ROCKVILLE, MD. — Consumer demand for food and beverages featuring natural ingredients is having an impact on the market for food additives, according to the market research firm Packaged Facts.

“The current climate toward additives is driving new innovations, especially but not exclusively for new natural formulations,” said David Sprinkle, director of Packaged Facts. “Natural color additives, flavor enhancers, carbohydrate and protein based fat replacers, and preservatives are critical areas for new additive research, testing, and development.”

Color remains a critical factor in food appeal and marketability. Growth in color additives is being driven largely by a transition, in many products and product lines, away from synthetic colors and toward natural colors, according to Packaged Facts.

Earlier this year, Leatherhead Food Research, Surrey, published a report indicating that in 2011 sales of colors perceived as natural were higher than colors considered synthetic. In 2011, global sales of natural colors were estimated to be $600 million while sales of synthetic colors were estimated to be $570 million.

Common sources of natural colors include carrots, annatto, tomatoes, beets and sweet potatoes. On Sept. 13, the Food and Drug Administration approved the use of spirulina extract as a color additive in confectionery and chewing gum products. Spirulina is a blue/green algae that may be used as a natural source of blue color. One drawback to the trend, according to Packaged Facts, is colors perceived to be natural face cost and formulation issues.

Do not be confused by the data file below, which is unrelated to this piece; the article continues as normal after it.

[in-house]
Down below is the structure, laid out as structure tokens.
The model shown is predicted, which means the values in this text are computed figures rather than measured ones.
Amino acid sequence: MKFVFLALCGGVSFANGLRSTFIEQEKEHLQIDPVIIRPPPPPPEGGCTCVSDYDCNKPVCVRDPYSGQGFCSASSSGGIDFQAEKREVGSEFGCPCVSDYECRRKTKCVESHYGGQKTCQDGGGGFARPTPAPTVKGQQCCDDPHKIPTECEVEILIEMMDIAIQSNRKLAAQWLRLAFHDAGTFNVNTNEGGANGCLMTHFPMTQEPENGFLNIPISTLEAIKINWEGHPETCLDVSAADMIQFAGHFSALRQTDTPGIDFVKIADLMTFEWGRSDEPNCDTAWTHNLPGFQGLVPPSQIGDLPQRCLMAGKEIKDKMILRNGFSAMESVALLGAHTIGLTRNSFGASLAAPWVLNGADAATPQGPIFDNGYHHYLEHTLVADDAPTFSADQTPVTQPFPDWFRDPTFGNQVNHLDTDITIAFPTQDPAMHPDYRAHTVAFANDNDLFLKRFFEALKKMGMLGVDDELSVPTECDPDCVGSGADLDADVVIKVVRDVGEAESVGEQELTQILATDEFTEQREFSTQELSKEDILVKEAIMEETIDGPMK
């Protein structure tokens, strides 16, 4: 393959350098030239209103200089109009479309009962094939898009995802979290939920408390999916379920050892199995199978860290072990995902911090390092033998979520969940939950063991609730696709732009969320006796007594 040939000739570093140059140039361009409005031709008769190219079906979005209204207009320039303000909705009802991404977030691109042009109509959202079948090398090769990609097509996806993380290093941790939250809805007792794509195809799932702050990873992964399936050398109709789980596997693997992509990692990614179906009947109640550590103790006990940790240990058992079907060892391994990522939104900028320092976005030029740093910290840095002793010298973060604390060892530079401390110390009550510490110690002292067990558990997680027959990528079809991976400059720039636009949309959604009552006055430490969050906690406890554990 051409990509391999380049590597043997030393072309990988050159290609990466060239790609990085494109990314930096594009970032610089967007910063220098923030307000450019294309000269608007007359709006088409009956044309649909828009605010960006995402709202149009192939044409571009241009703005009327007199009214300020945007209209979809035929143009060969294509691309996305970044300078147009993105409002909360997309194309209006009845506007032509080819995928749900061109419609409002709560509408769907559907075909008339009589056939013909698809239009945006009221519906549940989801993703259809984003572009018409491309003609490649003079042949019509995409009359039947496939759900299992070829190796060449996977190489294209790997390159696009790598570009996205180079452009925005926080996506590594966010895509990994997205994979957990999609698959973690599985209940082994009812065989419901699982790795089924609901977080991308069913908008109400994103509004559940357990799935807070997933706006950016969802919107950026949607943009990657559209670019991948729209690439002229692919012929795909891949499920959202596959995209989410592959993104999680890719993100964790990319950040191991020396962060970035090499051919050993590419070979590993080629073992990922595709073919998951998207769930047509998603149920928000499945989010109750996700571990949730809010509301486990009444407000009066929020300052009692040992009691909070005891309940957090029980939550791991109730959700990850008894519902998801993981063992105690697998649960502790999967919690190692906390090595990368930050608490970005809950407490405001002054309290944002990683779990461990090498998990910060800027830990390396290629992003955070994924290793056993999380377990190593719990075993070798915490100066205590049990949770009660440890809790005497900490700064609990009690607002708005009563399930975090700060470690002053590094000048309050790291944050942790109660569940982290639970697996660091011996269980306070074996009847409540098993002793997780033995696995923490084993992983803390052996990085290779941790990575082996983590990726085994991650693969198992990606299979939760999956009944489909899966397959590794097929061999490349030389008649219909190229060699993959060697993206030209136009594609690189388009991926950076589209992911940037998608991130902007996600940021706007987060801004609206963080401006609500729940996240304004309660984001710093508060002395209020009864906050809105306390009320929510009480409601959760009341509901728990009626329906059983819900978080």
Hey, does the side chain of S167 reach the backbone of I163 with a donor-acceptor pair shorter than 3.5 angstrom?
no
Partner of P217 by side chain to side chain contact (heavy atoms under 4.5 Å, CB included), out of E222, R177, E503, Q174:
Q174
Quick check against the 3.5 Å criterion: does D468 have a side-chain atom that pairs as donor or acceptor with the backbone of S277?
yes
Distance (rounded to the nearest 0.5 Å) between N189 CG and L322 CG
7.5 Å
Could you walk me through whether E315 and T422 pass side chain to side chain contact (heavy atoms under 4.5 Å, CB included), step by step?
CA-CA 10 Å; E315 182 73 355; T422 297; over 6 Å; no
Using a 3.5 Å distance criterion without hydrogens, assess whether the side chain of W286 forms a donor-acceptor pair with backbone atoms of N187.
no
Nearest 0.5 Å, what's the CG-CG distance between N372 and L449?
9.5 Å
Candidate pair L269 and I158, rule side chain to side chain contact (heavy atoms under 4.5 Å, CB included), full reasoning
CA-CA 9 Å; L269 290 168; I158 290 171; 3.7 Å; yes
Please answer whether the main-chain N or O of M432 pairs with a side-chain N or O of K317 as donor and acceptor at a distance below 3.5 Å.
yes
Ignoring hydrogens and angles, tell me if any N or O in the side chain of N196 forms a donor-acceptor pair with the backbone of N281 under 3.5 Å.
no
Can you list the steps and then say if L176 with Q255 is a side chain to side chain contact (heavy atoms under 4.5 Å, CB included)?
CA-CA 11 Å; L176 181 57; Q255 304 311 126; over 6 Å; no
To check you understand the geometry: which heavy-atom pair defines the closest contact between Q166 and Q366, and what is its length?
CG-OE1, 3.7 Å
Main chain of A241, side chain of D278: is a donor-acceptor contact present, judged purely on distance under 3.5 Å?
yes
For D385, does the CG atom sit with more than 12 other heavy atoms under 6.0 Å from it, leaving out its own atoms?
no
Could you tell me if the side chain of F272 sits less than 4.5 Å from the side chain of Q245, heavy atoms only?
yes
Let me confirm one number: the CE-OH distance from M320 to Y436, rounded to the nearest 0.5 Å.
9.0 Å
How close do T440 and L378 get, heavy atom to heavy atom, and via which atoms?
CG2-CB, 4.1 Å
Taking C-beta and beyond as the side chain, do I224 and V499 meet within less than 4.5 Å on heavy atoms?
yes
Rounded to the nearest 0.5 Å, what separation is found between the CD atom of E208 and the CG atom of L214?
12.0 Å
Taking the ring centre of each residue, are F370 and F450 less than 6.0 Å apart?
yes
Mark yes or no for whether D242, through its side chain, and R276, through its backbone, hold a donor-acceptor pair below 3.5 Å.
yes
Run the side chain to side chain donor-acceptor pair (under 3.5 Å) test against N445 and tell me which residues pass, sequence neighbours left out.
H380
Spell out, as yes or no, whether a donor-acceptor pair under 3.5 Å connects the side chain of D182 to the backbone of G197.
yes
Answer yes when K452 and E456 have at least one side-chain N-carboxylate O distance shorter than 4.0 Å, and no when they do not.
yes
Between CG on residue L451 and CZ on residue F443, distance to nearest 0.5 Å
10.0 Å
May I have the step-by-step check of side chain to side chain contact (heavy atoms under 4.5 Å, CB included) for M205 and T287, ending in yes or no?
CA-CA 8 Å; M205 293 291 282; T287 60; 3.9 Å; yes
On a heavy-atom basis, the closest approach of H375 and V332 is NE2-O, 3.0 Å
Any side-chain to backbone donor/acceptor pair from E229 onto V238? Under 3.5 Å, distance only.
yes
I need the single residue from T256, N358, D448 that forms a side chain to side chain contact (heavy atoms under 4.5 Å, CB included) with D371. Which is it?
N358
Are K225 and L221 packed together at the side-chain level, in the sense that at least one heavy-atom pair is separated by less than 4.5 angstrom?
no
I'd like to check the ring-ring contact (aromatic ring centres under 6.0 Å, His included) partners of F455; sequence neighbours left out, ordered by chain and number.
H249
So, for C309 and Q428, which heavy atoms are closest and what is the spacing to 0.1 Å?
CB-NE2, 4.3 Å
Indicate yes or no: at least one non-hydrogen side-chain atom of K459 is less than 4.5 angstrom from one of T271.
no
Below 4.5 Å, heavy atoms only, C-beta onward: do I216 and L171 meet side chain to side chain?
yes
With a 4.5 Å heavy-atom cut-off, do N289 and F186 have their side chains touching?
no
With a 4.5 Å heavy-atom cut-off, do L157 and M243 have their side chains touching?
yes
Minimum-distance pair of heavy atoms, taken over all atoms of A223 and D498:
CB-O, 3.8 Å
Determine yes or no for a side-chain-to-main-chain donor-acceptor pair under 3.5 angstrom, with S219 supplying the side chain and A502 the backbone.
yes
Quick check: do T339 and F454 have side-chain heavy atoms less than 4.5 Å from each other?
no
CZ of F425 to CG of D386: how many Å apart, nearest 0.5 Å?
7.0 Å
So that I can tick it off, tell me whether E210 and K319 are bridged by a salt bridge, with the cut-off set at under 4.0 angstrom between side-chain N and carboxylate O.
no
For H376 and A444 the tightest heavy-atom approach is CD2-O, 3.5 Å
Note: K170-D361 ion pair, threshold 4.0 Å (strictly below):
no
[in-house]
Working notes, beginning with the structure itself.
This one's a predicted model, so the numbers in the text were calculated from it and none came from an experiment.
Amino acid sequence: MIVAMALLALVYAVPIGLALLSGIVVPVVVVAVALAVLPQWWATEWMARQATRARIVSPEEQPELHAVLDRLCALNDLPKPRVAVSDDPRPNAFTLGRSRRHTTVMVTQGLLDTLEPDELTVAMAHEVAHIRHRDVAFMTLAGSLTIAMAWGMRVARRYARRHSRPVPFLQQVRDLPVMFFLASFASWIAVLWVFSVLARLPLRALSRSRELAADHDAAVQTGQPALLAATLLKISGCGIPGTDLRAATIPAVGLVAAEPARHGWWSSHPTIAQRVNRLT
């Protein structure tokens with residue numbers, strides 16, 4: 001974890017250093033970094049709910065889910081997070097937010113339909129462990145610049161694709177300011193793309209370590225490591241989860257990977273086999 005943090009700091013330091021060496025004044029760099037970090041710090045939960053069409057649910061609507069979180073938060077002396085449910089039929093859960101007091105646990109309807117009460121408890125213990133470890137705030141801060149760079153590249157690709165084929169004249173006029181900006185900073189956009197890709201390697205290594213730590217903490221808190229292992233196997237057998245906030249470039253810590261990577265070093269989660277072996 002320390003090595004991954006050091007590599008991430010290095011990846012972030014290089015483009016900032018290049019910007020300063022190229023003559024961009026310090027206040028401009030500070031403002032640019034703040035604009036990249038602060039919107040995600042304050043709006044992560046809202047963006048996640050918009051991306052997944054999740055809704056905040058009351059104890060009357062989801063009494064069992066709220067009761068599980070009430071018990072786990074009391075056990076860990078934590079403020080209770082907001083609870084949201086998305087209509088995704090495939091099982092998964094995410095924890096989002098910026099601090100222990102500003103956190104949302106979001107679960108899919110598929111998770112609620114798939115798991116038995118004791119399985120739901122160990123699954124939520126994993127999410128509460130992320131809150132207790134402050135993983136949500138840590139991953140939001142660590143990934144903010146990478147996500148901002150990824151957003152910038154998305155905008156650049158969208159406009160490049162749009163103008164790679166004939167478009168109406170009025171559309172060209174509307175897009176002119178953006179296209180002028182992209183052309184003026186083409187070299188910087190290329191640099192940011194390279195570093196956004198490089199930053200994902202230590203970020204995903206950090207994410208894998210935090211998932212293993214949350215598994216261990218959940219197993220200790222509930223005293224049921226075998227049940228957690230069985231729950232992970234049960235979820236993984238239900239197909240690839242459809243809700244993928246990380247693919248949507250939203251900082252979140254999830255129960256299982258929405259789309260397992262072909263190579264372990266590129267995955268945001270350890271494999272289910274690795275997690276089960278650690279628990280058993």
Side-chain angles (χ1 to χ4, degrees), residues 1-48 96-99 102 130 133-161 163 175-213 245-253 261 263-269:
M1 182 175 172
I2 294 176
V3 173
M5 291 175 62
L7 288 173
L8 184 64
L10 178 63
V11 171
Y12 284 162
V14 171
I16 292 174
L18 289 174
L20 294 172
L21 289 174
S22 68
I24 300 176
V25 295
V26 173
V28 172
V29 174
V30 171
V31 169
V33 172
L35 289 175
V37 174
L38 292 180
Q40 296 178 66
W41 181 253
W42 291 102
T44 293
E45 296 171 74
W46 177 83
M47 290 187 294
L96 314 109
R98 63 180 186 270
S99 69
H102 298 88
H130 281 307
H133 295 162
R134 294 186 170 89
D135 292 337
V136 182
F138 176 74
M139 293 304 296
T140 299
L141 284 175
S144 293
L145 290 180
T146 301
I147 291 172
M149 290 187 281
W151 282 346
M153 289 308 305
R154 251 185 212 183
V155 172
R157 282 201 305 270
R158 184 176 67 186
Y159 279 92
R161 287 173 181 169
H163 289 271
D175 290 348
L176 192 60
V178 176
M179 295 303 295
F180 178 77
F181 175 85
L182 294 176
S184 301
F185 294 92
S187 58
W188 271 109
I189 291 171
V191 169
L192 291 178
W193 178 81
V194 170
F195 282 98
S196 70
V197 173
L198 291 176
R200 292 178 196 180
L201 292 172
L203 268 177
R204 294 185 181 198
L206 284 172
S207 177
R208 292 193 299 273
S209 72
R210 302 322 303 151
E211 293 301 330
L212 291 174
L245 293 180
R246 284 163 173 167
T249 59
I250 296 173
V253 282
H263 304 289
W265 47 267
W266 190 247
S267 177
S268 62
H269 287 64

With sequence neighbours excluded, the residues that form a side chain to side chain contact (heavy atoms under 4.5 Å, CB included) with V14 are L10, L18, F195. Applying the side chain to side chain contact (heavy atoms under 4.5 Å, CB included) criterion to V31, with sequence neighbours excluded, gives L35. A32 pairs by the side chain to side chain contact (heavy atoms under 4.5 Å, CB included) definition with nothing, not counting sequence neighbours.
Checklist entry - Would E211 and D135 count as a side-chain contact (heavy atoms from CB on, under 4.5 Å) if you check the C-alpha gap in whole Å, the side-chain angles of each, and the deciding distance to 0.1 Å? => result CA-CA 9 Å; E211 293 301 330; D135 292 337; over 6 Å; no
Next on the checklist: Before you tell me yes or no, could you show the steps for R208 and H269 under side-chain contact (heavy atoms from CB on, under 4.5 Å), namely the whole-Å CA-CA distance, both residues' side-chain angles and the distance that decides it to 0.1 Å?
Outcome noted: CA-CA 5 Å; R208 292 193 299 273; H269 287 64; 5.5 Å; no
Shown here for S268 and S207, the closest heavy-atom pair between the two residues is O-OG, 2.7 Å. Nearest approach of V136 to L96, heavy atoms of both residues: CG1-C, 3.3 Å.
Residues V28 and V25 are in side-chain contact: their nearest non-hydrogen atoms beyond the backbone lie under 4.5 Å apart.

The market research firm also said convenience foods continue to support market development, although application of additives is somewhat segmented within the sector. One example is the launch by Nestle USA of its Honestly Good line, which was launched in July and includes six frozen entrees made with natural ingredients and no preservatives. The products feature lean proteins, whole grains and vegetables, packaged with a separate pouch of flavored sauce, according to Nestle.

This past August, the Campbell Soup Co., Camden, N.J., discovered the limitations of ingredients perceived as natural. The company announced it was discontinuing its 100% Natural line of soups. The Camden, N.J.-based company said it is replacing its 100% Natural brand with a new brand of soups called Homestyle. Mark Alexander, president of Campbell’s North America business unit, said the 100% Natural line did not live up to the company’s expectations. He cited two reasons: First, not all consumers are seeking natural products, and, second, the standards that are in place for a product to be called natural limited the 100% Natural product’s taste performance.